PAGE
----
# Scraping IMDB and exporting to JSON or/and CSV

This code is scraping the data from IMDB and displays it in JSON or CSV format.

I plan to extend it beyond the top rated movies. How can I improve the quality of my code? I am using Python 3.7.3.

from bs4 import BeautifulSoup
import requests
import csv
import json
import codecs

films = []

def getFilms250():
sourceTop250 = requests.get(
'https://www.imdb.com/chart/top?ref_=nv_mv_250').text
soup = BeautifulSoup(sourceTop250, 'lxml')
counter = 0
for title_container, rating_container in zip(soup.find_all('td', class_='titleColumn'),soup.findAll('td', class_='ratingColumn imdbRating')):
title = title_container.a.text
counter += 1
year = title_container.span.text
rating = rating_container.strong.text
film_data = [counter, title, year.strip('()'), rating]
films.append(film_data)
return films

def csvFormat(films, userDelimiter):
with open('new_film_base.csv', 'w', newline='') as file:
header = ['Position', 'Title', 'Year', 'imdbRanking']
film_writer = csv.writer(file, delimiter=userDelimiter)
film_writer.writerows(films)
file.close

def jsonFormat(films):
with open('new_film_base.json', 'w', encoding='utf8') as file:
arr = []
for i in films:
x = {
"position": i[0],
"title": i[1],
"year": i[2],
"imbdRanking": i[3]
}
arr.append(x)
movies = {
"filmsRequested": arr
}
json.dump(movies, file, indent=True, ensure_ascii=False)
file.close

def handleUserFilm(prompt):
#While user enters a proper input a function will get list of wanted films
while True:
try:
userMessageFilm = input((prompt))
except ValueError:
print('Input unkown')
if userMessageFilm == 'films250':
getFilms250()
break
elif userMessageFilm != 'films250':
print('No such data')
continue
return userMessageFilm

def handleUserFormat(prompt):
while True:
try:
userMessageFormat = input((prompt))
except ValueError:
print('Input unkown')
continue
if userMessageFormat != 'csv' and userMessageFormat != 'json':
print('Format unkown')
continue
elif userMessageFormat == 'json':
jsonFormat(films)
break
elif userMessageFormat == 'csv':
while True:
delimiter = input(
'Enter the Delimiter for csv format(";" recommended): ')
if len(delimiter) > 4:
print("delimiter can't be that long")
continue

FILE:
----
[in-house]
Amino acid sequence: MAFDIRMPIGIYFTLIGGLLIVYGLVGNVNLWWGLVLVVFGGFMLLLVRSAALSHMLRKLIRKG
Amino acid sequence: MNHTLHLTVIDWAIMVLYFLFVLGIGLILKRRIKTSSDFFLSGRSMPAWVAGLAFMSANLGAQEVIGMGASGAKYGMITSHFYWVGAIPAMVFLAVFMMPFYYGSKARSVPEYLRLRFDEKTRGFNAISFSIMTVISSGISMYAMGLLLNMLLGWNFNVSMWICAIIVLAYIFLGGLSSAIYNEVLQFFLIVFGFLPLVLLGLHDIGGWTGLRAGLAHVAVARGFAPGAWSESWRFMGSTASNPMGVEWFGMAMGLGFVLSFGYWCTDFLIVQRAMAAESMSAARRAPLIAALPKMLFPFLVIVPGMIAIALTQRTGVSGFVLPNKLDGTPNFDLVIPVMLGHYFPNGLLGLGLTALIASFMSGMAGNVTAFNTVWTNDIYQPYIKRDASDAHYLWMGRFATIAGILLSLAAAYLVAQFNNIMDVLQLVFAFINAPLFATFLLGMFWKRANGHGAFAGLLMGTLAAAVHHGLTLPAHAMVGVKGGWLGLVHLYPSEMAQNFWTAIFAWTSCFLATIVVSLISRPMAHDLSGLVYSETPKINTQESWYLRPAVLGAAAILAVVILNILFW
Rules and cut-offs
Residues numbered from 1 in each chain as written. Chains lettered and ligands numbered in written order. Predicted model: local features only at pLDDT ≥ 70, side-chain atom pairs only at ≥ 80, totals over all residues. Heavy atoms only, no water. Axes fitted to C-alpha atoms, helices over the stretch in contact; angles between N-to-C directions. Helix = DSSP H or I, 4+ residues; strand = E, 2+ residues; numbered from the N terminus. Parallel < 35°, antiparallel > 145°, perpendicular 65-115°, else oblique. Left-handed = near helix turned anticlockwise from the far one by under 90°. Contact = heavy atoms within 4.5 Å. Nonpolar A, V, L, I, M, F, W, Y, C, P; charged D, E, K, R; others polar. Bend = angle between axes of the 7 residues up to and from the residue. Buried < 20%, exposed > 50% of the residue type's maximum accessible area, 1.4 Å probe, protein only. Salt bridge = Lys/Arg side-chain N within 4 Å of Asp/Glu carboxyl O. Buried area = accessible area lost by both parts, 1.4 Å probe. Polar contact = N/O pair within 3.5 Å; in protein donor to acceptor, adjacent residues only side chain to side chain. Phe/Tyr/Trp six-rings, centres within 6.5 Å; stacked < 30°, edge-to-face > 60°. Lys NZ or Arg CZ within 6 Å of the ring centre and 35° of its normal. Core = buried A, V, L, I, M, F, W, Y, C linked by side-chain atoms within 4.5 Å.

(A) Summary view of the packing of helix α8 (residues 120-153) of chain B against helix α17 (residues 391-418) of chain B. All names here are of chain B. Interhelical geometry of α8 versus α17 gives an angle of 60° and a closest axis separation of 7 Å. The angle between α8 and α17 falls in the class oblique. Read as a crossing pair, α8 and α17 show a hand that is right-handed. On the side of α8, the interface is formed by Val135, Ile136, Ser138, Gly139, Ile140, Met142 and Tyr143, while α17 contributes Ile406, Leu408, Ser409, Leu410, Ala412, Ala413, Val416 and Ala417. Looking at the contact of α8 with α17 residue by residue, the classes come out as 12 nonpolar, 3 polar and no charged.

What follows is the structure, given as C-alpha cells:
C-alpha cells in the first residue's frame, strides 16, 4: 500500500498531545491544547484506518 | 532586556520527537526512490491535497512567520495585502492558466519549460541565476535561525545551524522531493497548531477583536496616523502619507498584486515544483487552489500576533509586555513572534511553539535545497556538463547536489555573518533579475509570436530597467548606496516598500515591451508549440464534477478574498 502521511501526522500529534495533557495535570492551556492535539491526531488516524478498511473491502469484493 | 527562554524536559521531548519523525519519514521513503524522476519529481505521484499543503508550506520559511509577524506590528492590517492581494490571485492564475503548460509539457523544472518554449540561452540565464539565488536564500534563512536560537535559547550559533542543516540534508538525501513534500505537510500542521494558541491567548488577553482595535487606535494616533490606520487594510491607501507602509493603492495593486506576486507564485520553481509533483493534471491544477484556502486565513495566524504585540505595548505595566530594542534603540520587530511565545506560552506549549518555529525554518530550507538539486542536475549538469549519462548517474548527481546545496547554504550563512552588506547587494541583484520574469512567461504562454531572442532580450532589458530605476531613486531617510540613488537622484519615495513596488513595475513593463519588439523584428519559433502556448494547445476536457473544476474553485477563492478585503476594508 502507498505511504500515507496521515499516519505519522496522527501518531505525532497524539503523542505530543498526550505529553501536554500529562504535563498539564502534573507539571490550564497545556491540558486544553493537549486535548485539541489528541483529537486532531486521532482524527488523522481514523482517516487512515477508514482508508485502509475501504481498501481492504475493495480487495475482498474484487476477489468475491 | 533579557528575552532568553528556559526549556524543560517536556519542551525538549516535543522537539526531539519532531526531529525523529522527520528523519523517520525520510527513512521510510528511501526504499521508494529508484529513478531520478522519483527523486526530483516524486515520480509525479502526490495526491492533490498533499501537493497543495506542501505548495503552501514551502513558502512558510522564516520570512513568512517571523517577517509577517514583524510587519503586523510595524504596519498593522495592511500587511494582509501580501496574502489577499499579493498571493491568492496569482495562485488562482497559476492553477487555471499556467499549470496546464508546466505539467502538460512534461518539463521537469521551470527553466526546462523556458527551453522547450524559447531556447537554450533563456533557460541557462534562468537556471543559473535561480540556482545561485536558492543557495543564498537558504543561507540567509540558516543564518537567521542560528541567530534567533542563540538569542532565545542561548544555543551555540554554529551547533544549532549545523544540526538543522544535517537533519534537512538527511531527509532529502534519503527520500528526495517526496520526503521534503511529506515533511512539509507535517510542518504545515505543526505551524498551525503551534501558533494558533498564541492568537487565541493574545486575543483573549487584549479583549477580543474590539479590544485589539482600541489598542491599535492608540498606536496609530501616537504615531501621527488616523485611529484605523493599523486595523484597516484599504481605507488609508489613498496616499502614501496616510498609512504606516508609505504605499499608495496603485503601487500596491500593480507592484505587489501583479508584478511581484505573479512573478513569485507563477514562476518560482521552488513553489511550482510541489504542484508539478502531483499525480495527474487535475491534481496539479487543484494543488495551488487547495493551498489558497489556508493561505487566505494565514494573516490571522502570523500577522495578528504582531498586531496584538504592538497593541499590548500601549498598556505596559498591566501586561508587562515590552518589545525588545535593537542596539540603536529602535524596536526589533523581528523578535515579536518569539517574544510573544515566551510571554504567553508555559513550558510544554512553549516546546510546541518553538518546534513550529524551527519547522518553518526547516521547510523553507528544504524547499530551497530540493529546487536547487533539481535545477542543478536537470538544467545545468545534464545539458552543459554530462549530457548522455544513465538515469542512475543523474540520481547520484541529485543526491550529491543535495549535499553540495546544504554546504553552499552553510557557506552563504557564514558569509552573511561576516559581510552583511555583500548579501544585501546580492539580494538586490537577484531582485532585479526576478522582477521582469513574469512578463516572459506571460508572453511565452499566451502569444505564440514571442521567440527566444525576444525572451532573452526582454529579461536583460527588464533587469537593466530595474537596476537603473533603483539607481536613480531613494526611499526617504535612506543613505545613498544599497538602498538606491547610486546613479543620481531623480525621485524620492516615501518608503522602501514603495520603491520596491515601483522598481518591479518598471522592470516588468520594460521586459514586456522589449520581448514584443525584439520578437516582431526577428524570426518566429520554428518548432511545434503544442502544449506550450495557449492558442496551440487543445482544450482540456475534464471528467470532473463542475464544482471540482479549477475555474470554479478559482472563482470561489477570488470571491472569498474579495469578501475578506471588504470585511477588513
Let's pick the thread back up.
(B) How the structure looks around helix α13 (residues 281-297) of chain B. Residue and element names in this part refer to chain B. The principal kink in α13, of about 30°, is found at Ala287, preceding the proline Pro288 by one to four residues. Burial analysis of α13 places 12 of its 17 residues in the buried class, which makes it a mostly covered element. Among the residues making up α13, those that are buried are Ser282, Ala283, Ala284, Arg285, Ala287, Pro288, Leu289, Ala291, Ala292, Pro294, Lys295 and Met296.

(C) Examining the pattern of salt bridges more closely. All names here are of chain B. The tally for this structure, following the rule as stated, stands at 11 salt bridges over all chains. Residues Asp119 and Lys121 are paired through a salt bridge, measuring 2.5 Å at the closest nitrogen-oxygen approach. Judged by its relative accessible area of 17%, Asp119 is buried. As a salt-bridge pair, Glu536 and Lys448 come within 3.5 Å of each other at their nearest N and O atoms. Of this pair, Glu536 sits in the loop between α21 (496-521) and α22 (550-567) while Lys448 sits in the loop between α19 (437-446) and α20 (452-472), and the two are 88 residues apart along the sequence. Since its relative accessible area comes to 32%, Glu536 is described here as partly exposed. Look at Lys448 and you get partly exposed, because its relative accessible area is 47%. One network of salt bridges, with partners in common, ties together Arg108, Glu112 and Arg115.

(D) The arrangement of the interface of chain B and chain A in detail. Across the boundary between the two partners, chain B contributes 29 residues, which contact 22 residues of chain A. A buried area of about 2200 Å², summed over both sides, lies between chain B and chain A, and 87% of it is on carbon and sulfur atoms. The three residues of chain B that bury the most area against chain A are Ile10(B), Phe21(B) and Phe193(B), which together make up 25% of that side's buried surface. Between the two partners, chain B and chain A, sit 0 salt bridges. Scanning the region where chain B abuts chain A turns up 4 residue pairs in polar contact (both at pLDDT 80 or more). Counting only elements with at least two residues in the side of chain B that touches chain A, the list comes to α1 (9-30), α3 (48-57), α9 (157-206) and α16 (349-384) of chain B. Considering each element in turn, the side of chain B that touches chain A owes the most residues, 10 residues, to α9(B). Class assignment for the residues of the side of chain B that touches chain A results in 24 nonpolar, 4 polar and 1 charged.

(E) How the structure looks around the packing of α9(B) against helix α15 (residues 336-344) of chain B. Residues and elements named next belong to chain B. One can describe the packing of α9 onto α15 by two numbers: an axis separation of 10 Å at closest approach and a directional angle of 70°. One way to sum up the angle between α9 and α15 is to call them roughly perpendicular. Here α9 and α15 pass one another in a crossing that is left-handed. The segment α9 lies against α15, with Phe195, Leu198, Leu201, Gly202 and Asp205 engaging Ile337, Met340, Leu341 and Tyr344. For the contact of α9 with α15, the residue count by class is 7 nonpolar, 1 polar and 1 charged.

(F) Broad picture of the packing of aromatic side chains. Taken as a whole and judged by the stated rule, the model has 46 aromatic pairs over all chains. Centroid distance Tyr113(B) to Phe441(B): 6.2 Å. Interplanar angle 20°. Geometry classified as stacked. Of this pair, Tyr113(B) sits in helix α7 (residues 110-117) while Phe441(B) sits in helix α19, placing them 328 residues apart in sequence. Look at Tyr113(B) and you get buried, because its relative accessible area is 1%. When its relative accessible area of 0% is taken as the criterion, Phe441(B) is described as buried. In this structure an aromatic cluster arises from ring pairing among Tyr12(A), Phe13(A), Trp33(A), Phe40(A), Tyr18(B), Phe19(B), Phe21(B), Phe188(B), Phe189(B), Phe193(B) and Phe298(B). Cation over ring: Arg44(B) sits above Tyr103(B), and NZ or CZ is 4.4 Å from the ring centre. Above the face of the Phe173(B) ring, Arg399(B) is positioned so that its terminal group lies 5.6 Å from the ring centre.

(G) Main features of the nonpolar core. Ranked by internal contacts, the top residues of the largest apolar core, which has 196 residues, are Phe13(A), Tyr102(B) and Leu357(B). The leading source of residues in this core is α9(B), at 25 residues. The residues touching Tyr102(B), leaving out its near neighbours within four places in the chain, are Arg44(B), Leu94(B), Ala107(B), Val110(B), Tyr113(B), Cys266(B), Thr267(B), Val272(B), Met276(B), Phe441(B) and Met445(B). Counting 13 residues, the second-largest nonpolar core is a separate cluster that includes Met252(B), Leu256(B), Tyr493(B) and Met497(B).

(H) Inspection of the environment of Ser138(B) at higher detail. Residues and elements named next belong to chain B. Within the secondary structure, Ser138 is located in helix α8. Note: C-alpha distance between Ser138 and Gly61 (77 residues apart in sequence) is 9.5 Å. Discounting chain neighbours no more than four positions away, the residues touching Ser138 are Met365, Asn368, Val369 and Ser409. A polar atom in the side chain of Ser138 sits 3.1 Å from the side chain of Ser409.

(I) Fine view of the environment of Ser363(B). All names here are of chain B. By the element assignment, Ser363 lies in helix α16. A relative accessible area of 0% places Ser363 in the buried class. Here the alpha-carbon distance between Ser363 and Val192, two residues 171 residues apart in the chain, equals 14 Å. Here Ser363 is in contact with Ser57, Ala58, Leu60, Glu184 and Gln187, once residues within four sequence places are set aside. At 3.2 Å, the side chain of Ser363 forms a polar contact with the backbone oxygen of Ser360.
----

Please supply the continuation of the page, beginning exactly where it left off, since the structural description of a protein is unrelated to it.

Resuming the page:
else:
csvFormat(films, delimiter)
break

return userMessageFormat

filmsUser = handleUserFilm('To get Top250 type - films250: ')
formats = handleUserFormat('To get csv format type - csv\nTo get json format type - json ')

• Hi Philip, I suggest you edit your title to state what your code does in more detail, for example "Scraping IMDB and exporting to JSON or CSV", this way your question will have more attention! :) – IEatBagels Nov 13 '19 at 21:05

Python uses snake_case, not camelCase for variable and function names. csvFormat for example, should be csv_format.

In two places you do this weird thing:

with open(. . .) as file:
. . .
file.close

• with already closes file, so there's no need to manually close it.

• file.close doesn't do anything, and a good IDE would warn you of that. You need to add () to call close: file.close().

Speaking of weird things, you have this in a couple places as well:

try:
userMessageFormat = input((prompt))
except ValueError:
print('Input unkown')


input, as far as I know, will never throw. If you had a call to int in there, or if you were using Python 2 (maybe?), this may make sense. I don't think this try does anything, and I don't think 'Input unkown' will ever be printed.

if userMessageFormat != 'csv' and userMessageFormat != 'json':
. . .
elif userMessageFormat == 'json':
. . .
elif userMessageFormat == 'csv':


This is written in kind of a "fragile" way. If you ever add more formats, you'll need to make two changes: 1. Add a new elif userMessageFormat == check, and 2. Add to the first condition to validate the format ahead of time. If you forget to update the latter, none of the other cases will be True, and return userMessageFormat will cause a NameError since userMessageFormat will have never been defined.

Just make use of an else case:

if userMessageFormat == 'json':
. . .
elif userMessageFormat == 'csv':
. . .
else:
print('Format unkown')


This is what else is for: to handle when none of the other checks were true.

for i in films:
x = {
"position": i[0],
"title": i[1],
"year": i[2],
"imbdRanking": i[3]
}


This could make use of destructuring to avoid needing to index i:

for position, title, year, rank in films:
x = {
"position": position,
"title": title,
"year": year,
"imbdRanking": rank
}


If the sub-collections in films contain more than 4 elements each, you'll need to change the for line to:

for position, title, year, rank, *_ in films:


The *_ catches all the remaining elements. Without this, you'll get a ValueError.

if userMessageFilm == 'films250':
. . .
elif userMessageFilm != 'films250':
. . .


This is redundant. If the first check is false, the second must be true. This can just be:

if userMessageFilm == 'films250':
. . .
else:
. . .

• Thank you for your answear. Some of those mistakes were really stupid. I'll upadate my code considering your suggestions – Philip Nov 13 '19 at 23:30
• @Philip You're welcome. Note though, don't update the code in the question here (I'm not sure of that's what you meant). Code being reviewed isn't generally allowed to be edited once it's posted, as that invalidates answers. – Carcigenicate Nov 13 '19 at 23:34